Traditional epistemology focuses on theories of knowledge that account for true beliefs and truth-conducive justification. This is too narrow a perspective because scientific and philosophical theories do not exclusively aim at amassing true sentences. Rather, their goal is to advance our understanding of problems and phenomena. An epistemology that can explicate understanding in this sense must include further goals of inquiry (e.g. systematicity and coherence) and account for non-propositional contributions to understanding (e.g. illuminating examples, fruitful categories). The project investigates how the method of reflective equilibrium can be used as a basis for an epistemology of understanding. This framework is also of special interest in the context of policy-oriented research, as it provides an account of epistemic justification that evades the dogmatism of traditional foundationalism and the subjectivism of popular relativism.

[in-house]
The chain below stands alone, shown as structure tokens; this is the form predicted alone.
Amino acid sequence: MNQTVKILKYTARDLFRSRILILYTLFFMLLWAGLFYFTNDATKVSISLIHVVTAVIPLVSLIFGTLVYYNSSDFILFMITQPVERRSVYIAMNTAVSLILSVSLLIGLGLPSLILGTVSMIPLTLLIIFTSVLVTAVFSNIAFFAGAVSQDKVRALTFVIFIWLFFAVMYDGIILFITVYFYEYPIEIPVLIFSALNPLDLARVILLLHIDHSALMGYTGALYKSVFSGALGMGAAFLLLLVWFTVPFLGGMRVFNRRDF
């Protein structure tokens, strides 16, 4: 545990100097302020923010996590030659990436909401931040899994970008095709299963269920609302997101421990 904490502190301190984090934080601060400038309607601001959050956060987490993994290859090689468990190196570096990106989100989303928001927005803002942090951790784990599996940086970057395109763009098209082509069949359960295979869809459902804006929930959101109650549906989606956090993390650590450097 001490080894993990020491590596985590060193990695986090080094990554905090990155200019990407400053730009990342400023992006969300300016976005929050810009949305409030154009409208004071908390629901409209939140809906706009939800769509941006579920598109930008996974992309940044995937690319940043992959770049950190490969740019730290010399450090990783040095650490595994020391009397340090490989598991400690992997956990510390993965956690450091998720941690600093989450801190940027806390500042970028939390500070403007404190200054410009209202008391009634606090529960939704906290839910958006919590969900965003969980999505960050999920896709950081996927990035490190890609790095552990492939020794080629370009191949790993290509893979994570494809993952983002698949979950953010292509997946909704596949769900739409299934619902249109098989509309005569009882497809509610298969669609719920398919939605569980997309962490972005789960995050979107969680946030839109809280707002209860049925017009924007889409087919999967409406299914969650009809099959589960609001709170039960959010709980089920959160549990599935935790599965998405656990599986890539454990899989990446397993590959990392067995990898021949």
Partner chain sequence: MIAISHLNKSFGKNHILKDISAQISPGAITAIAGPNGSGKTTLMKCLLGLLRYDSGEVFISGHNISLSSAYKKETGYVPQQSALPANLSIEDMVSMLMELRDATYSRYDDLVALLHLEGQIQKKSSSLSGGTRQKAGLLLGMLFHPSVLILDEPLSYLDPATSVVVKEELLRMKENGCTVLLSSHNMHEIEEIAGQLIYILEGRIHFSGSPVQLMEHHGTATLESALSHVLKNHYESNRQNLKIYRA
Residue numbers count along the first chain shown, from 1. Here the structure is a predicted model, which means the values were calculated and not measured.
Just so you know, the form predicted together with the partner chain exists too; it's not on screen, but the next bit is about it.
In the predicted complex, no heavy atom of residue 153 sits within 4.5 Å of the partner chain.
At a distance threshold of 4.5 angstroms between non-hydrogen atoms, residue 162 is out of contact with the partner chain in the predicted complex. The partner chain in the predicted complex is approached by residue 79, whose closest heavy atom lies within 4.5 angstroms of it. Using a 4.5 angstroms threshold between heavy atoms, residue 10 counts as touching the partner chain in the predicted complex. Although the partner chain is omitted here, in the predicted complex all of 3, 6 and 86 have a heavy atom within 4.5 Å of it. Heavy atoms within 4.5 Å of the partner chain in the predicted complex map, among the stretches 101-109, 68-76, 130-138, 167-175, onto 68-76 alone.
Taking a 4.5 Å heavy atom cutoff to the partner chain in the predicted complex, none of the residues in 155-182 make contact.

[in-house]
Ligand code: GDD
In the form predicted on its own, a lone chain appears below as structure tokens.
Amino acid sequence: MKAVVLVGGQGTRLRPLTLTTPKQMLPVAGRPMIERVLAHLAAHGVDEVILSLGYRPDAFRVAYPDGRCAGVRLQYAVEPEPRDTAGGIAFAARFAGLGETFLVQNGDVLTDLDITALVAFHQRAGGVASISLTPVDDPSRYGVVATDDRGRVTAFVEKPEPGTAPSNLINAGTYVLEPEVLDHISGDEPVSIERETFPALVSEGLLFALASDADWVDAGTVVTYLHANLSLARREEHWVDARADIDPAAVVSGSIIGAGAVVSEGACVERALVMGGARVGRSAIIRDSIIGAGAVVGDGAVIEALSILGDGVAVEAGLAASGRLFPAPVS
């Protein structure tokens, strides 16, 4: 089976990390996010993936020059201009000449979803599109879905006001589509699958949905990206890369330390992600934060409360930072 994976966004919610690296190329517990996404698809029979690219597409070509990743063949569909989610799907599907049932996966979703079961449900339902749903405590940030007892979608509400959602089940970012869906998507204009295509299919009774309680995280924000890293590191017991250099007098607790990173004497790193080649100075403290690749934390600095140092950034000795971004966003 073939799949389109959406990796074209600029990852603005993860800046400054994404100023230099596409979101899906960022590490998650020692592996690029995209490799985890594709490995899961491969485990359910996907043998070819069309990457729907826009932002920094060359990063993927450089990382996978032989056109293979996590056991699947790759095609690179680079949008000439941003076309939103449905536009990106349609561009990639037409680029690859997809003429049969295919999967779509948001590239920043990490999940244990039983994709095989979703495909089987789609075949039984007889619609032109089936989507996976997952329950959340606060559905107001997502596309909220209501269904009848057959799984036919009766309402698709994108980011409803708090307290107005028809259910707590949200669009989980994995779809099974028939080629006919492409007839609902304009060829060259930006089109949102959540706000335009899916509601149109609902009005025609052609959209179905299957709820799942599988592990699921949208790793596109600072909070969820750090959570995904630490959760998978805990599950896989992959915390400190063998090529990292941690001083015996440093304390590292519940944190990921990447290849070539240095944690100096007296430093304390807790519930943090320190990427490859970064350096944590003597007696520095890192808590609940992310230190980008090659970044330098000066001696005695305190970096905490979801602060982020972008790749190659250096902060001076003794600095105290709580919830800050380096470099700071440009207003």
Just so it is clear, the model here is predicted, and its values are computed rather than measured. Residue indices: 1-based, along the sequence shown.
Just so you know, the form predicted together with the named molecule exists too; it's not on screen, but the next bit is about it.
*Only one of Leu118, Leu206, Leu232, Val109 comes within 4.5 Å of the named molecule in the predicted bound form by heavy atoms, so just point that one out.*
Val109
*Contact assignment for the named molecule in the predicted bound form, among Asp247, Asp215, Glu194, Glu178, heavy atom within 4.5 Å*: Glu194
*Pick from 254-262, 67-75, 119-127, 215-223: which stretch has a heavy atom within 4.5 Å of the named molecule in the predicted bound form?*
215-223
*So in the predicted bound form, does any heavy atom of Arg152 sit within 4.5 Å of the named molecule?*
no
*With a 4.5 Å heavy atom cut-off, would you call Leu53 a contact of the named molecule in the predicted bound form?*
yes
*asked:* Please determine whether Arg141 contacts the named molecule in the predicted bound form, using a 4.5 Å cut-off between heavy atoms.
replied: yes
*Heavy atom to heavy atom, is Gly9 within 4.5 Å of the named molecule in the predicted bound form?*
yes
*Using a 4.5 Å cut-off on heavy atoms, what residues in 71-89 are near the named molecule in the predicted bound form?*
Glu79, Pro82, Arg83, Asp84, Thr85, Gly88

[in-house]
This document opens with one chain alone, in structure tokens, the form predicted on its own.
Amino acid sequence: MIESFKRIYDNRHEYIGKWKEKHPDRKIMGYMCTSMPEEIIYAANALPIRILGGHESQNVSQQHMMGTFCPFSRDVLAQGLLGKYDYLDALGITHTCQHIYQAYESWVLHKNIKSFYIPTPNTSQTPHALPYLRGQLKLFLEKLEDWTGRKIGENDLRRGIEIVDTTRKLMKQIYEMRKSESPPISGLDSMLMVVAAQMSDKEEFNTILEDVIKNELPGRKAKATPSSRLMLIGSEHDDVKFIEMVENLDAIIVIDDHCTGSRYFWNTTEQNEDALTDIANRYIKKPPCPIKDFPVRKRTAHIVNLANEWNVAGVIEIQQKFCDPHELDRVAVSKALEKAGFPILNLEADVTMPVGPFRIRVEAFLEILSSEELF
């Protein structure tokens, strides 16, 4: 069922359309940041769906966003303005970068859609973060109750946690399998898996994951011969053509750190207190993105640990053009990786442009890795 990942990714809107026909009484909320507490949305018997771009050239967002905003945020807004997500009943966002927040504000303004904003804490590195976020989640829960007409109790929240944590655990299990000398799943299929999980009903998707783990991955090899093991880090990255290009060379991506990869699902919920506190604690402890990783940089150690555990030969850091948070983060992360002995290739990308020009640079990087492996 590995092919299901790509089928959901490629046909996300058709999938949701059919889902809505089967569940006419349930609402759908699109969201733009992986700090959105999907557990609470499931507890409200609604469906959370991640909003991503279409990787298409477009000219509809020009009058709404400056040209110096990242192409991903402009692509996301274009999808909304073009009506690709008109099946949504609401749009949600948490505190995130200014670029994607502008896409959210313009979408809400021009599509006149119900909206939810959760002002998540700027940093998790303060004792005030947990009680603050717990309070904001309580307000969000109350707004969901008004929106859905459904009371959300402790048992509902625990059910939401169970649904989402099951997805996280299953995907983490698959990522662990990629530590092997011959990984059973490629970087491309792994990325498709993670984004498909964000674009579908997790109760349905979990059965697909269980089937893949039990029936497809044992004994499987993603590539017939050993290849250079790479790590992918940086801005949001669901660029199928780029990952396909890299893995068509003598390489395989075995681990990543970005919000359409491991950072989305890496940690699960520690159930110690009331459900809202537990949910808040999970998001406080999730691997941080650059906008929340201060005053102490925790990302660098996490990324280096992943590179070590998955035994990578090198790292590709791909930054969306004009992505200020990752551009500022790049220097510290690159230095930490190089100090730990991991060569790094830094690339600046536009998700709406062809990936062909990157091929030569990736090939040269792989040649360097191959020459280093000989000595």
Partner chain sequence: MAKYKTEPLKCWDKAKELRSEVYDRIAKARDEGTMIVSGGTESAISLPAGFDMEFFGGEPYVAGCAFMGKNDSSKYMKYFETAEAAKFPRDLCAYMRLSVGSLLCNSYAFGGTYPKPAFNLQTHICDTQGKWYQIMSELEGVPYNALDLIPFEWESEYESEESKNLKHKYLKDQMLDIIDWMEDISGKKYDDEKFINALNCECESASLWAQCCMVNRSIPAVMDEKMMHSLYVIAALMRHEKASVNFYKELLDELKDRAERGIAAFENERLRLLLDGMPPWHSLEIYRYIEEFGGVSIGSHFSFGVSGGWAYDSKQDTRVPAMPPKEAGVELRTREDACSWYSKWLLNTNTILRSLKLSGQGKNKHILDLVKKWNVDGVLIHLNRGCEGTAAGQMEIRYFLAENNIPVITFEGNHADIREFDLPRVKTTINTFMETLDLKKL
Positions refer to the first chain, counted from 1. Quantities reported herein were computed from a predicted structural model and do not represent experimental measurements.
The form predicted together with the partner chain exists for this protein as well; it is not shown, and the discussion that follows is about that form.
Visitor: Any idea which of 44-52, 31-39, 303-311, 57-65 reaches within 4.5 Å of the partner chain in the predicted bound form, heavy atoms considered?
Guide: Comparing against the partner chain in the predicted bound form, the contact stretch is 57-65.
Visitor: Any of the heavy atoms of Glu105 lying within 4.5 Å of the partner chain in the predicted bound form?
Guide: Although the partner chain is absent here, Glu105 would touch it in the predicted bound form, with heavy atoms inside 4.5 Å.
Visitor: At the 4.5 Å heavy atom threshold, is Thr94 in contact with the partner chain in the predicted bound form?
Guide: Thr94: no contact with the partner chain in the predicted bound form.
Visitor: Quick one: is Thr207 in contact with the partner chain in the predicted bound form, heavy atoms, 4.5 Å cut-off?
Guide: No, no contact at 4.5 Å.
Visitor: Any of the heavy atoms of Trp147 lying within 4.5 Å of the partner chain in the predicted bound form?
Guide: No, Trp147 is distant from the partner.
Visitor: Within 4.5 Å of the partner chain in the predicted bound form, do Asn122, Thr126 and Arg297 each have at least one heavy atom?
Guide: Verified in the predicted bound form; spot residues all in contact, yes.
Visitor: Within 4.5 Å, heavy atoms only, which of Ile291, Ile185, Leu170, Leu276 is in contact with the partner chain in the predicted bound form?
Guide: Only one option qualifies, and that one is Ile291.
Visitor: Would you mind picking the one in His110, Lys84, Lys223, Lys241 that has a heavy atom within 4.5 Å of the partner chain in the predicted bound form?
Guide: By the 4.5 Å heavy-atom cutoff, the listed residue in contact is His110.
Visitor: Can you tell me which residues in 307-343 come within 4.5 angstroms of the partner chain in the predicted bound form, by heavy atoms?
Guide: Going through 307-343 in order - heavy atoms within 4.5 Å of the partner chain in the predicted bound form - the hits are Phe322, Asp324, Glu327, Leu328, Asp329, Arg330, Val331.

In non-philosophical discourse, “identity” is often used in descriptions or evaluations of the specific character of non-personal objects. In contrast to identity as numerical identity, essence, persistence over time and the self-concept of a person, this notion has been neglected in philosophy although it is commonly used in everyday discourse as well as in, for example, aesthetic criticism and in consumer research. Buildings are said to contribute to a positive identity of a city, the Barcelona chair is claimed to have a distinctive identity, many people consider themselves to be attached to the specific identity of a certain landscape and corporate identity is an issue in many firms and organizations. As a first task, we clarify and delineate this notion of identity. We propose an explication which draws on the symbol-theory of Goodman and Elgin. This not only constitutes a further development of this symbol-theory but also calls for investigating the relation of identity to the basic notions of reference and exemplification, as well as to other aesthetic notions such as style. On this basis, we investigate in what sense an object can have multiple and even conflicting identities, and how identities can be evaluated. Our analysis is extensively illustrated with examples (especially, buildings, design objects and everyday objects).